Opening Day for the 2016 Major League Baseball season is a week away. It's a special day where all 30 teams are even. Everybody is is first place, and has a chance to be a good team. Everybody thinks this can be THEIR year.
David Ortiz of the Boston Red Sox has the same goal as a every other player and team, to win the World Series. For the one we've grown to love and have called Big Papi for over a decade, this marks the beginning of the end. In November of 2015 Big Papi announced that the 2016 campaign will be his last. This is the last year we'll get to see #34 and his big signature smile at Fenway Park as the Designated Hitter for the Boston Red Sox. What remains to be seen his how the Red Sox will handle this? Will they make the playoffs this season?
When the Red Sox signed David Ortiz in January of 2003 nobody could have ever expected what was to come. 445 home runs, 1803 RBI, 9 All Star teams, 6 Silver Sluggers and 3 World Series titles later you could make the argument David Ortiz is the most important free agent signing in the history of not just the Red Sox but the entire city of Boston.
Yet despite all the success Big Papi has had, he has also had his fair share of criticism, from outsiders and Bostonians alike. Whether it be for appearing on a list for a "failed drug test" in 2003...people bashed David. For not running hard to first base on grounders or complaining about not getting proper credit for a hit or rbi.....people bashed David. For having seasons in 2008 and 2009 that were far below his standard....people bashed David. Since 2009 when many claimed he was "done" and the Sox needed to move on David Ortiz has had four seasons of at least 30 home runs, including the last three straight years. In 2012 after he hurt his achilles many said it was time to move on again from Big Papi, he followed that up by being a key piece of a World Series Champion in 2013, and took home World Series MVP honors by hitting .688 with 2 HR and 6 RBI in the fall classic.
Personally, I love David Ortiz. I've grown up with David Ortiz. Much like how I've grown up withTom Brady. Like Brady, David Ortiz has been a huge part of my life as long as I can remember. When Tom Brady took over as Patriots QB in 2001 and won the Super Bowl I was in 4th grade. Now I'm 24 years old, and David Ortiz has been on the Red Sox since I was 11. I honestly can barely remember life without either of them.
Now with the end officially in sight with David it has me reflecting. Just another sign that I am truly not a kid anymore, one of my childhood heroes is officially retiring. They say all good things must come to an end and man have the David Ortiz years been a great thing for the Red Sox. The man who I've rooted for for over half my life is not going to be playing baseball for my favorite team anymore. Every summer from as long as I can remember I've been following the Red Sox, and other than Fenway Park, Papi has been the one constant. Players and managers have come and gone but David Ortiz (when healthy) had been the DH of the Red Sox for basically my entire life. 2016 is going to be the final summer of Papi across New England. It's going to be a tough adjustment to life without him.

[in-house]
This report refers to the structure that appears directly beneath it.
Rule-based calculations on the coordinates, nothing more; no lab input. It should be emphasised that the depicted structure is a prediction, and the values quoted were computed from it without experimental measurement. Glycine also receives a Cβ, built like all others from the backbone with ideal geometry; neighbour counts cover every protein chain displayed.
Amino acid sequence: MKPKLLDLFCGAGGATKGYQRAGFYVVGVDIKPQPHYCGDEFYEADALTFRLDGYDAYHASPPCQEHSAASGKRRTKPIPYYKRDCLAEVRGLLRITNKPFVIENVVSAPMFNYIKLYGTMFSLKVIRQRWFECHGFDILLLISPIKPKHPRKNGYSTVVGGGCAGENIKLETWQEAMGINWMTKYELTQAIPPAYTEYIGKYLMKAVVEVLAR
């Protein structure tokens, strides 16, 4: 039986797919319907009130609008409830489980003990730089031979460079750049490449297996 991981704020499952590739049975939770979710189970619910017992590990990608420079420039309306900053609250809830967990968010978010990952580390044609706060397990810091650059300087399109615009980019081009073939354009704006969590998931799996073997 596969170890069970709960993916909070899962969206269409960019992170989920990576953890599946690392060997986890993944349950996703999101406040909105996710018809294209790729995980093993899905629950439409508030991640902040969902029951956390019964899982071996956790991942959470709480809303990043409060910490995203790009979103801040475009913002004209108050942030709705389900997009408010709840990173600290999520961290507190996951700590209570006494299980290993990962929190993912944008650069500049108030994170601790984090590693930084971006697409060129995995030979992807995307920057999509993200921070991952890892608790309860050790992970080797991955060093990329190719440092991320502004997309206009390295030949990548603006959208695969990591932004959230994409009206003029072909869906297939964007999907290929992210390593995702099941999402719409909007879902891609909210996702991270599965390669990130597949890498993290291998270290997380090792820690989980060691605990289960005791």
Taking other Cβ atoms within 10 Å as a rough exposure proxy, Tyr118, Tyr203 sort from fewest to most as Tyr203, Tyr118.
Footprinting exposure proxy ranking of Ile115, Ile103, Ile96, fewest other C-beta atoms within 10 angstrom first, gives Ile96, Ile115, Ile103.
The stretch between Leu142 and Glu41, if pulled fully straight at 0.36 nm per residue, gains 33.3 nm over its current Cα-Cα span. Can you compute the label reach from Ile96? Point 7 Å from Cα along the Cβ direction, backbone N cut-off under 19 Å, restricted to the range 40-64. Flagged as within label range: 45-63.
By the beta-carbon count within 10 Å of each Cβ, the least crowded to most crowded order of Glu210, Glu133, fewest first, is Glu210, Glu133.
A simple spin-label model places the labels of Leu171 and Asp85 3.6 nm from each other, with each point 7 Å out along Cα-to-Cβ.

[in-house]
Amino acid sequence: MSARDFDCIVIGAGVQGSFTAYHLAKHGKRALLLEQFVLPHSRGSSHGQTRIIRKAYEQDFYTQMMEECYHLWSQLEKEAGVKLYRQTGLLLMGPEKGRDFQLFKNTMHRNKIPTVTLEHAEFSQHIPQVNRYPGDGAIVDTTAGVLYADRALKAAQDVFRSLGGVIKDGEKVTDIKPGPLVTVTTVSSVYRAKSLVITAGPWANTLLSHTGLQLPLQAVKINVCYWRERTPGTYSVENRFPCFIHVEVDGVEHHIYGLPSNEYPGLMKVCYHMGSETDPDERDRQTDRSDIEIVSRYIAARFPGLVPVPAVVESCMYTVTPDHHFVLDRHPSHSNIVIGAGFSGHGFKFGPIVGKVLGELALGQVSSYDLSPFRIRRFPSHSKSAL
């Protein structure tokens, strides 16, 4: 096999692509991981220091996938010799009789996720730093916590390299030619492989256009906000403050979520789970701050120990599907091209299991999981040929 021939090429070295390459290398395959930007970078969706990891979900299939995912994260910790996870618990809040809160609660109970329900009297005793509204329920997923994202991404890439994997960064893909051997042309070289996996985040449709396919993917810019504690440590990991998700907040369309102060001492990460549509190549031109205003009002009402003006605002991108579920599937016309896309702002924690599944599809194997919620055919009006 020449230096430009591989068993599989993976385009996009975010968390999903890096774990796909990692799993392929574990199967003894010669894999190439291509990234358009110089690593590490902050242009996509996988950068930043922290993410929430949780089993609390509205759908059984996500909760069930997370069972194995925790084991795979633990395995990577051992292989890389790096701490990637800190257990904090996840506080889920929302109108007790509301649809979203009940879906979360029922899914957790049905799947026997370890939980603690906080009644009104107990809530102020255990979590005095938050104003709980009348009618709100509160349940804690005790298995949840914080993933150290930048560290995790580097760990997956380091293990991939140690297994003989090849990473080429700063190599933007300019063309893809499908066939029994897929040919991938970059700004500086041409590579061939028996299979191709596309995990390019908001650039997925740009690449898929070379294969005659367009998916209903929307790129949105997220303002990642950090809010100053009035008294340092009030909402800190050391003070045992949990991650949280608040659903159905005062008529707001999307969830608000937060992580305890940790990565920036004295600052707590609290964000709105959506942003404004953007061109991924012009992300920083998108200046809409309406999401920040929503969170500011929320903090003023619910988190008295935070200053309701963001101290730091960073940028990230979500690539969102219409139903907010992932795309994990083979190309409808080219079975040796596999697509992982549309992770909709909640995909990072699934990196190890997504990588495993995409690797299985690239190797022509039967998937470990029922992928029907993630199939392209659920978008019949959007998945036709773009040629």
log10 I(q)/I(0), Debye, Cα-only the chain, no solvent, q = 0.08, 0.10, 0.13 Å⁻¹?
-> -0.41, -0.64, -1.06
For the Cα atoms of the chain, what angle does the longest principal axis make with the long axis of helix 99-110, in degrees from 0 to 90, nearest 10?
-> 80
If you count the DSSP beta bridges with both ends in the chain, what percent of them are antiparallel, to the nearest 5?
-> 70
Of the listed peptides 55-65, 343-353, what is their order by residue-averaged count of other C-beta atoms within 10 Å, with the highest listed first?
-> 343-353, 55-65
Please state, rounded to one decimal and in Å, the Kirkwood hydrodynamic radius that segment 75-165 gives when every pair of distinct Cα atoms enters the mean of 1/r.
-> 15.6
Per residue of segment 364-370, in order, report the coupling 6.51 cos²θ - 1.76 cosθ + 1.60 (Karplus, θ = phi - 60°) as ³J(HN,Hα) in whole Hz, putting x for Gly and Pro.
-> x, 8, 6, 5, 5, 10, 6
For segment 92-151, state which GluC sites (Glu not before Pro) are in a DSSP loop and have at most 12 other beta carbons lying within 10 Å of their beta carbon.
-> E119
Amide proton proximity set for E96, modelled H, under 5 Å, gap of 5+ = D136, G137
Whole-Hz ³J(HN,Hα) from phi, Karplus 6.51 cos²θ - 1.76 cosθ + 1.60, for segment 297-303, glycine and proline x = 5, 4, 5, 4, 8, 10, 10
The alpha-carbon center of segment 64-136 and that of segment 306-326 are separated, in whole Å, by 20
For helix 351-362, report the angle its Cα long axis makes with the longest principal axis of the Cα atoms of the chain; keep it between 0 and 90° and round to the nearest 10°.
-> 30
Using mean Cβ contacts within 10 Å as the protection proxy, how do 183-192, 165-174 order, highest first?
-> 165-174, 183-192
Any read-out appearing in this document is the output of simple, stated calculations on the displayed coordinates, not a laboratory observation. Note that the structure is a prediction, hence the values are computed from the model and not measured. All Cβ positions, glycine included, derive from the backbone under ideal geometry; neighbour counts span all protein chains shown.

It's not like he's dying but it is going to be very weird to see a Red Sox team without Big Papi. Obviously there are more important things in the world and in life than sports. I get that. We all have own real lives and more important things to worry about whether it be work, school, or our loved ones. With ISIS and everything that has happened in Europe the last few months, we as a nation have to worry about terrorism today just as much as we did in 2001.
But to me and millions of other New Englanders David Ortiz has been responsible for creating some of our biggest memories. I can remember following the 2004 Red Sox vividly and really falling in love with baseball. I had sort of followed the Sox for a couple years before, but there's nothing that will ever be like 2004. What I really remember from that year is watching games and the entire playoffs with my mom. I have great memories of that run, but what I really think about is who I was enjoying it with and how it brought us closer together. Baseball did that. Thinking the Sox were dead down 3 games to 0 and her being the forever optimist saying it's not over. We all know what happened next. The story of 2004 Red Sox was bigger than just winning the World Series. It was about all the families, not just in New England but nationwide who had grown up loving that team and hoping that this was the year...year after year. It was about all the time spent watching and listening with loved ones who weren't around to see it. That championship was for everybody who ever rooted for the Sox.
Sports have brought me some of the biggest letdowns and heartaches but also brought me some of most joyful moments and best memories of my life. There's nothing like it, it's why we watch, for the moments or happiness. I've been lucky to have a ton as a Boston fan. I love being a Boston sports fan, it is a gigantic part of who I am.
Many will say sports are just a game and don't matter. In a sense they are right, it is just a game, but they sure do matter. Sports are important in the sense that they can bring people together. Whether it be family members getting closer or bringing strangers together for something bigger than themselves.
In any part of the country two random people can connect and talk about the local team. It's very simplistic but it's a big part of American life. Sports are at their core are entertainment, but they are also an escape from the harsh realities of life. Maybe you may can't stand your job, but look forward to watching your team when you get home. Maybe you and your mom/dad don't get along, but some team has always been the one thing you can talk to each other about. Theres a bunch of other examples I could list. The beauty of sports is they can just help you get through shit in life. I remember back in 2001 despite being the three time defending the champs, the country getting behind the Yankees and their run after 9/11.